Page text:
European Western Balkans

What do we know so far about the Enlargement Strategy?

European Commission; Photo: European Union

BELGRADE – The Enlargement Strategy, entitled “Credible Perspective of Enlargement to the Western Balkans”, will be presented on 6 February during the plenary session of the European Parliament in Strasbourg.

Following of the adoption of the official text of the document by the College of Commissioners, the Commissioner for European Neighbourhood Policy and Enlargement Negotiations, Johannes Hahn, will present a Strategy before the members of the European Parliament when it will be also publicly disclosed.

Notwithstanding the earlier announcement by the President of the European Commission Jean-Claude Juncker that the Strategy would refer to the prospective accession of Serbia and Montenegro to the European Union by 2025, the draft Strategy also includes other candidates and potential candidates for membership from the Western Balkans.

The draft Strategy states that “a credible accession perspective is a key driver of transformation in the region.”

(BalkanInsight, January 22, 2018)

Therefore, the text of the draft places importance on efforts that current candidates and potential candidates have to put in order to meet criteria and already established set of measures.

The Commission believes that by 2025, Serbia and Montenegro could become full members of the EU, while at that time the remaining countries of the region should make an outstanding progress in the pre-accession process.

Serbia and Montenegro can, at best, become full members in 2025, and in order to achieve this ambitious goal, the year 2019 will certainly be a milestone, when both countries are expected to fulfil transitional measures in the chapters of the judiciary and interior affairs, and in the case of Serbia, full normalization of relations with Kosovo is expected, says the draft of the enlargement strategy in the Western Balkans.

(HINA, January 21, 2018)

“For a lasting stability in the region, a full and comprehensive normalization of relations between Belgrade and Pristina is required. A comprehensive normalization of relations in the form of a legally binding agreement is urgently needed and is crucial for the European perspective of both Kosovo and Serbia and the region as a whole”, the document says.

Provided that they meet all the closing measures in all chapters, EU member states could give their consent to closing negotiations with Montenegro and Serbia at an intergovernmental conference by the end of 2023.

(N1, January 21, 2018)

Then, on condition that the negotiations are successfully concluded, in 2024, Serbia and Montenegro could sign accession treaties.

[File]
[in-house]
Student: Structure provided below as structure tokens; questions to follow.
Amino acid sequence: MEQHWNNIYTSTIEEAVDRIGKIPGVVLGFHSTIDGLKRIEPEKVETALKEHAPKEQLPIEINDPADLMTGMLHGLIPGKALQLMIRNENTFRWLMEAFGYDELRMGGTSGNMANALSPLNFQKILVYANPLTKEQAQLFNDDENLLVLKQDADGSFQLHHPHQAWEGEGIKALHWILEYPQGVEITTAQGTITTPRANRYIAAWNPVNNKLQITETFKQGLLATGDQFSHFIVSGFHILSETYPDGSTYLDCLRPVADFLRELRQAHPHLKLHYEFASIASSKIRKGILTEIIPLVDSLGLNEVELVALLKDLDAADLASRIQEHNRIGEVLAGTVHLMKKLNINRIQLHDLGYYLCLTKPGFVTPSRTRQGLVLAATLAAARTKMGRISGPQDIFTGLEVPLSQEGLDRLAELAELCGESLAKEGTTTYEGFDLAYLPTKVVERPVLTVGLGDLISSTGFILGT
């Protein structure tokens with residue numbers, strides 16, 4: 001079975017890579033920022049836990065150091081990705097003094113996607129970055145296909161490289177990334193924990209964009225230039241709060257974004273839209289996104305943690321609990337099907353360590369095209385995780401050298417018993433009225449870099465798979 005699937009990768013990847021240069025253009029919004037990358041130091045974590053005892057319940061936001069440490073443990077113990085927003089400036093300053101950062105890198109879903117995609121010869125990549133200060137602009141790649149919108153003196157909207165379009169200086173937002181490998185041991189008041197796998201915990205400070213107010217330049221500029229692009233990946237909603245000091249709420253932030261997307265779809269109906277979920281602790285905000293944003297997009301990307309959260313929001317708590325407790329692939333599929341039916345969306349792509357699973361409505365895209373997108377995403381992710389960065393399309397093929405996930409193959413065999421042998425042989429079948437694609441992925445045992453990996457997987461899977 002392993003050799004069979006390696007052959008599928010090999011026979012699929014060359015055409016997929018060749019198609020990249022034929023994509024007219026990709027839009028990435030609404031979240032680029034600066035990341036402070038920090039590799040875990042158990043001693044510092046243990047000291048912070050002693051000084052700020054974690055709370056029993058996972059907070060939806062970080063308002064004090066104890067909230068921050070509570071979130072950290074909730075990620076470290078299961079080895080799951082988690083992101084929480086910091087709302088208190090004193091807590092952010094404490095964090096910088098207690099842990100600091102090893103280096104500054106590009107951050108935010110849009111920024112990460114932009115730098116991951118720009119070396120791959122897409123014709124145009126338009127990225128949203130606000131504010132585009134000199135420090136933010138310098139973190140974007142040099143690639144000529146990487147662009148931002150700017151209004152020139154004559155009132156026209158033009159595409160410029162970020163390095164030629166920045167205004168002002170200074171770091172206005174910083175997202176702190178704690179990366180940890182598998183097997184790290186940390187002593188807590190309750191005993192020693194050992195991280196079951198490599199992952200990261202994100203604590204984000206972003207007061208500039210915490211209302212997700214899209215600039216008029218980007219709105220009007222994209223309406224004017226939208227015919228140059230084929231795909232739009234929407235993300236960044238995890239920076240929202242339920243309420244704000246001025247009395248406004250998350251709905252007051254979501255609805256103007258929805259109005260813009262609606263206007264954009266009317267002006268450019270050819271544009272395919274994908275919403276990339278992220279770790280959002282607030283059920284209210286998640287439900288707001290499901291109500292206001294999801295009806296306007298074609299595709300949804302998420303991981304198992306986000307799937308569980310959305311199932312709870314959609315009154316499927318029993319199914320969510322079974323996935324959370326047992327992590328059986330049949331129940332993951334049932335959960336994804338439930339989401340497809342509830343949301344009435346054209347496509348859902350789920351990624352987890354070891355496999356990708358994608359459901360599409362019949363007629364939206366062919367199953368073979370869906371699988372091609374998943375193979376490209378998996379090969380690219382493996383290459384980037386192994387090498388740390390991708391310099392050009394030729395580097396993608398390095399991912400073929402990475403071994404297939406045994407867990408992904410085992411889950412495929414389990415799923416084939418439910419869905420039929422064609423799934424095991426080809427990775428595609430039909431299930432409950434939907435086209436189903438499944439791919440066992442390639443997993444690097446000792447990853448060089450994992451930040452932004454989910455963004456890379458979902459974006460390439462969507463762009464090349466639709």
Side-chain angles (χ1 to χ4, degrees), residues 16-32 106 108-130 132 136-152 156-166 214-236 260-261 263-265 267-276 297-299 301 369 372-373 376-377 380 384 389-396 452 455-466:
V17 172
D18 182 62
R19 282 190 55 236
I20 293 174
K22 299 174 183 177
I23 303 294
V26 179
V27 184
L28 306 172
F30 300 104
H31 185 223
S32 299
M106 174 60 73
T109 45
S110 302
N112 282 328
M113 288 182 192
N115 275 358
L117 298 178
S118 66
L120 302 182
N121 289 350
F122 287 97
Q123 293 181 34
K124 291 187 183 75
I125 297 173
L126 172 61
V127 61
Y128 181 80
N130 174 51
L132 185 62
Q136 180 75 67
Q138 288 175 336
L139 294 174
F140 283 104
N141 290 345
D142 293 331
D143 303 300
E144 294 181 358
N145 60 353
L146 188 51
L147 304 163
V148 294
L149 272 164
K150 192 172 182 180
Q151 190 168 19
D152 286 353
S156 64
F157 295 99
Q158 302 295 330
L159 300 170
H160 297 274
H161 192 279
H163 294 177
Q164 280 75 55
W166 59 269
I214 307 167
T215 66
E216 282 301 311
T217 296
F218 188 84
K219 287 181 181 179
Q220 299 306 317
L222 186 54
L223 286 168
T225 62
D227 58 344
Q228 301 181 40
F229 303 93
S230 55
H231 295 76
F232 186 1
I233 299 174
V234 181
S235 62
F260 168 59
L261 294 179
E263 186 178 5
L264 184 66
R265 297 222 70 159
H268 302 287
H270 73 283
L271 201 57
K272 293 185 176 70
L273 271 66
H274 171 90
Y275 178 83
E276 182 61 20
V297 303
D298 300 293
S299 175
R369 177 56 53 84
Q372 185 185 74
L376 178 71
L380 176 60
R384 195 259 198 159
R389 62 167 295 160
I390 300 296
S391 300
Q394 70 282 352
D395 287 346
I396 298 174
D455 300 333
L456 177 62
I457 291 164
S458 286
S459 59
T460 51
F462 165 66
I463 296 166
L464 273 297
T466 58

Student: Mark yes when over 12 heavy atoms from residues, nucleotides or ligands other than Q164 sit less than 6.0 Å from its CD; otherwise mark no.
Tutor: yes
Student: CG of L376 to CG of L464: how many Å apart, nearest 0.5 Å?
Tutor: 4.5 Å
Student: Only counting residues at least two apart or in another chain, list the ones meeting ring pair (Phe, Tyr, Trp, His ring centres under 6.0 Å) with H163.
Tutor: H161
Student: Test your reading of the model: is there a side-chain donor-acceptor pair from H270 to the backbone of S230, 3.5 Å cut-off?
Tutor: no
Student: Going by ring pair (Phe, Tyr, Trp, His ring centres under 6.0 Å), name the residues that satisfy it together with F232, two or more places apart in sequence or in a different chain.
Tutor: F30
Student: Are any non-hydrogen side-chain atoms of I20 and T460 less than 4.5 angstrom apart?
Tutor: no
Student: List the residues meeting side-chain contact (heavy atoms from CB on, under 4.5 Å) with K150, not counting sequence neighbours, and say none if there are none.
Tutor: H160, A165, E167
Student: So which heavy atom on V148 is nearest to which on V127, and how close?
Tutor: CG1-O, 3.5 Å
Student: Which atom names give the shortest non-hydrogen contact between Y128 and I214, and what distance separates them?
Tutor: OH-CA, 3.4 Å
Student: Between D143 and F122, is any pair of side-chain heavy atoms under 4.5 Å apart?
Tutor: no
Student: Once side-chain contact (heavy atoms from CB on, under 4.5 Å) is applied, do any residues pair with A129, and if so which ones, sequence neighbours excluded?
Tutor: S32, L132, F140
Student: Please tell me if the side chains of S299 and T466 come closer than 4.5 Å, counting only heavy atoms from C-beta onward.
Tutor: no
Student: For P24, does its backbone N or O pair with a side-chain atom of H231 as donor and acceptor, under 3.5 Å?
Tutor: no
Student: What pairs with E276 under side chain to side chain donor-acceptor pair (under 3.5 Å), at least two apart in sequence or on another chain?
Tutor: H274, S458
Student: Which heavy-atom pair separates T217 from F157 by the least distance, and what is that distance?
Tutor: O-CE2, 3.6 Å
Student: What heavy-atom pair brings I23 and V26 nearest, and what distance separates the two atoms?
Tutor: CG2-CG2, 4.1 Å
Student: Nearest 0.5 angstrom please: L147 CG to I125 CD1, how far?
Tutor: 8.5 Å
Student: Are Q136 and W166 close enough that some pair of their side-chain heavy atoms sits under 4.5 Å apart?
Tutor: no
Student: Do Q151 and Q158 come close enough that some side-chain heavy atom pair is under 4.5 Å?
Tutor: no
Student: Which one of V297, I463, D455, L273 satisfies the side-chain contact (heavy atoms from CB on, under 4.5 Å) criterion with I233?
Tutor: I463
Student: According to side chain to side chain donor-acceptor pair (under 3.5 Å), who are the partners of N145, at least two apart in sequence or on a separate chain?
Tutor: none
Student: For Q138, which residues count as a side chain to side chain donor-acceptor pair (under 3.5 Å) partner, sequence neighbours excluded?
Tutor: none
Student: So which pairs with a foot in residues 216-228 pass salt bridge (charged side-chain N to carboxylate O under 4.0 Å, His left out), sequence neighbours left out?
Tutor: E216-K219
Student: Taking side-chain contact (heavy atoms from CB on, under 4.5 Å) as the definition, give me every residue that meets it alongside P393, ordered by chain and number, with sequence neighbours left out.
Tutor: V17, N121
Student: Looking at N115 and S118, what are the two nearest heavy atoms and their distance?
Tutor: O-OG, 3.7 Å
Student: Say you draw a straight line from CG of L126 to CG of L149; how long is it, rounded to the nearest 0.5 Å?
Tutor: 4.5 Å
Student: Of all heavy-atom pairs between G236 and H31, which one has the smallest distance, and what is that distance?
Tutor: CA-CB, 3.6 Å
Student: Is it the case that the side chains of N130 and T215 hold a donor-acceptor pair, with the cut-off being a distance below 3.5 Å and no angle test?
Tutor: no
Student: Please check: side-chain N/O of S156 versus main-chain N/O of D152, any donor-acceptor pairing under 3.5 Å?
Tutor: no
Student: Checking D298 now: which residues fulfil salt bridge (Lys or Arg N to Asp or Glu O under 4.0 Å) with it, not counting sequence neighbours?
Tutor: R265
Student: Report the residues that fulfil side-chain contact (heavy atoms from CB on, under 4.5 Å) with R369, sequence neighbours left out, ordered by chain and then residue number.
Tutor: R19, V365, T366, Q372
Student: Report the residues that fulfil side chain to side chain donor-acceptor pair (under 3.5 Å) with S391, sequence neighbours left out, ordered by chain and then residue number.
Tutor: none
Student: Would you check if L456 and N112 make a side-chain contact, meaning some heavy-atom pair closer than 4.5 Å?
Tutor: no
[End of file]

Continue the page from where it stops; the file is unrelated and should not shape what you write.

“By the end of 2025, the Accession Treaty should be ratified by all member states, thus completing the process of accession of countries and allowing them to enter by the end of 2025,” states a draft document.

As for Bosnia and Herzegovina, Albania, Macedonia and Kosovo, it is suggested that by 2025 they should “move far on the European path” or, alternatively, that “negotiations with these countries have far advanced.”

(N1, January 21, 2018)

Albania is working hard to reform the judiciary and curb corruption, and according to the draft Strategy, a credible progress in priority areas should be achieved by 2019, whereas Macedonia is expected to achieve tangible results in resolving the name dispute.

Until 2019, Bosnia and Herzegovina should be granted candidate status, yet it must make progress in reforms and become fully functional by the end of 2023, in order to be ready to open accession negotiations.

On the other hand, Kosovo needs to achieve a comprehensive normalization of relations with Serbia, as concrete progress towards the EU is dependent on that, according to the draft Strategy.

With regard to the existing bilateral disputes, Zagreb’s Jutarnji List reports that the draft Strategy indicates that the EU “does not want to import border disputes” between the countries in the region.

“In respect of border disputes that are still not resolved, the parties must unconditionally address the legally binding arbitration before the end of the accession negotiations and must fully comply with the final decision,” the draft European Commission Strategy states.

(Jutarnji list, December 5, 2018)

The adoption of the Strategy, along with the anticipated EU-Western Balkans Summit in Sofia, raises the expectations of EU and regional leaders for the enlargement process to become irreversible. Therefore, 2018 is considered a year of great importance for the EU enlargement process to the Western Balkan countries, and the implications of these activities as well as bilateral ongoings in the region will influence the future progress of these countries on their European paths.

Publication of this article has been supported by the Balkan Trust for Democracy of the German Marshall Fund of the United States

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